We may not be able to predict the political winds–nor the weather, nor visa delays nor the traffic patterns during the gusts from the Santa Anas – but we can predict with certainty that the arts in all of their expressive potential, mastery and refined exploration, can and do bring us into direct proximity with the possibility of being astonished and enlivened by the human imagination.

Follow Kristy Edmunds on Instagram @kedmunds

Just Chillin’ With Carl Hancock Rux

Carl Hancock Rux rolls into town this week as he gears up for his Saturday night spoken word event here at CAP UCLA.

He brings with him a natural coolness, a vibe, an aesthetic heartbeat that is utterly engaging. Get a dose of what’s in store via this trailer.

Teaser: Carl Hancock Rux / The Exalted from FEATUREZOO on Vimeo.

We count ourselves extremely lucky that Carl is able to join us early and participate in some student engagement activities this week, including a classroom session Wednesday afternoon. And he will generously host “Free Form,” a very special open mic night for students on <Thursday night, an event organized by our awesome student arm, Student Committee for the Arts.

Carl has definitely become one of the poets in our lives this season as we have prepared to present him at UCLA for the first time.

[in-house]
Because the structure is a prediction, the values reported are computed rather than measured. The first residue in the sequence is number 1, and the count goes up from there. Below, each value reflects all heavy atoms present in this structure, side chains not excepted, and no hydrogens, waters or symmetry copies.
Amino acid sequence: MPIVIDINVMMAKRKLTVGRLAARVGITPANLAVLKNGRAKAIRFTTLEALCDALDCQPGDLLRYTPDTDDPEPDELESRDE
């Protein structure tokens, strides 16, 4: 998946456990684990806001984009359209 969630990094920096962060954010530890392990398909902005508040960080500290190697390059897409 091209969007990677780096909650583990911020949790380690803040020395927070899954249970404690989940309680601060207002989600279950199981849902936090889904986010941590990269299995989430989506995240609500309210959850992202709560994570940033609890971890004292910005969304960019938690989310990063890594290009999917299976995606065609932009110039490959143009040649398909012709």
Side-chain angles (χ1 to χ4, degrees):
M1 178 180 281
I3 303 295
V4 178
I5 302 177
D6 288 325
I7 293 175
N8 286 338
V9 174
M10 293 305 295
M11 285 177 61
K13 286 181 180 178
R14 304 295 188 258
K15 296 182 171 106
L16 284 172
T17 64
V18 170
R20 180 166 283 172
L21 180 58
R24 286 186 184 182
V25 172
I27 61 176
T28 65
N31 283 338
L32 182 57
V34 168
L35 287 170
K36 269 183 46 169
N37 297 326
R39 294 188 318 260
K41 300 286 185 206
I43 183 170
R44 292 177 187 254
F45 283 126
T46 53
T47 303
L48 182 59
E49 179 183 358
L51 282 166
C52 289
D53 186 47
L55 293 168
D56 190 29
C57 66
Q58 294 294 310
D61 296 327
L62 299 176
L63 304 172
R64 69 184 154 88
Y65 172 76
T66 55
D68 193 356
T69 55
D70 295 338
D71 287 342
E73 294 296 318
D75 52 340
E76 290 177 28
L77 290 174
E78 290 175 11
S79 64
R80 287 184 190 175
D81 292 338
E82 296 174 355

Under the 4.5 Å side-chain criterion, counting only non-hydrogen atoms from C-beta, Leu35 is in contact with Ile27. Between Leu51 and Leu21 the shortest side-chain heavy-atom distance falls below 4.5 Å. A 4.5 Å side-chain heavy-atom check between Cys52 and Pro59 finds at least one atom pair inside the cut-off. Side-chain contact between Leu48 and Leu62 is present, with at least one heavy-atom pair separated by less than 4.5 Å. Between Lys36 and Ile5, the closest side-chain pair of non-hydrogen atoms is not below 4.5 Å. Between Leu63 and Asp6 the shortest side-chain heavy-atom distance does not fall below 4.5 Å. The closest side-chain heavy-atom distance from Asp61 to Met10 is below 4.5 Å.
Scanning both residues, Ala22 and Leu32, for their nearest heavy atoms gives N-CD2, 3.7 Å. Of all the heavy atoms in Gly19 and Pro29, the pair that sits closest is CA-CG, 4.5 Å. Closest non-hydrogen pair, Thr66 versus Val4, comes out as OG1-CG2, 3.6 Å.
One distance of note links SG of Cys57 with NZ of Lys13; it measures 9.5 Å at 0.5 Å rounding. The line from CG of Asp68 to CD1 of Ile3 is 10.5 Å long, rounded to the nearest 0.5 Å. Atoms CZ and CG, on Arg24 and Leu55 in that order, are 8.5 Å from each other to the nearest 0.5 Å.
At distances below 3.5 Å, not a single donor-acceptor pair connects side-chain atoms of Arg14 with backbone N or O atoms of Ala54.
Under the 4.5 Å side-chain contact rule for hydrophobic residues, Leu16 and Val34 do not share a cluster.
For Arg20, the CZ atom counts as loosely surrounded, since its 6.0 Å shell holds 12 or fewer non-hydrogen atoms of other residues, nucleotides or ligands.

We asked him the question we’ve been asking our audiences all year long: “Who is the Poet in Your Life?”

“There are thousands of poets in my life,” he said. “But three that I can think I cannot live without (and whose work I find myself constantly returning to) are Li Young Lee, Breyten Breytenbach, and Derek Walcott–particularly because of their ability to illustrate the conceptual and pictorial realms of poetry as biography, as memoir, as theater, as historical narrative…and political essay.”

Because Carl is infinitely cooler than me (a fact I admit have long suspected), I had to do a bit of research on these artists.

But hey, I’m open to bringing a few more poets into my life, so a bit of exploring served me well, perhaps you will feel the same way? I’ll get you started.

Li Young Lee—A child of Chinese political exiles, his collections of poetry traverse stories of his family’s life, gentle and profound tales of humanity and humility…and so much more.

Breyten Breytenbach—Also a visual artist, he is known as South Africa’s most important poet of the 1960s. A staunch anti-apartheid activist, he spent seven years in jail for treason and wrote “True Confessions of an Albino Terrorist” about it.

Derek Walcott—Nobel Prize winner and playwright, known for his epic Homeric poem “Omeros” set in the Carribbean. You can read an excerpt of it at The Poetry Foundation website.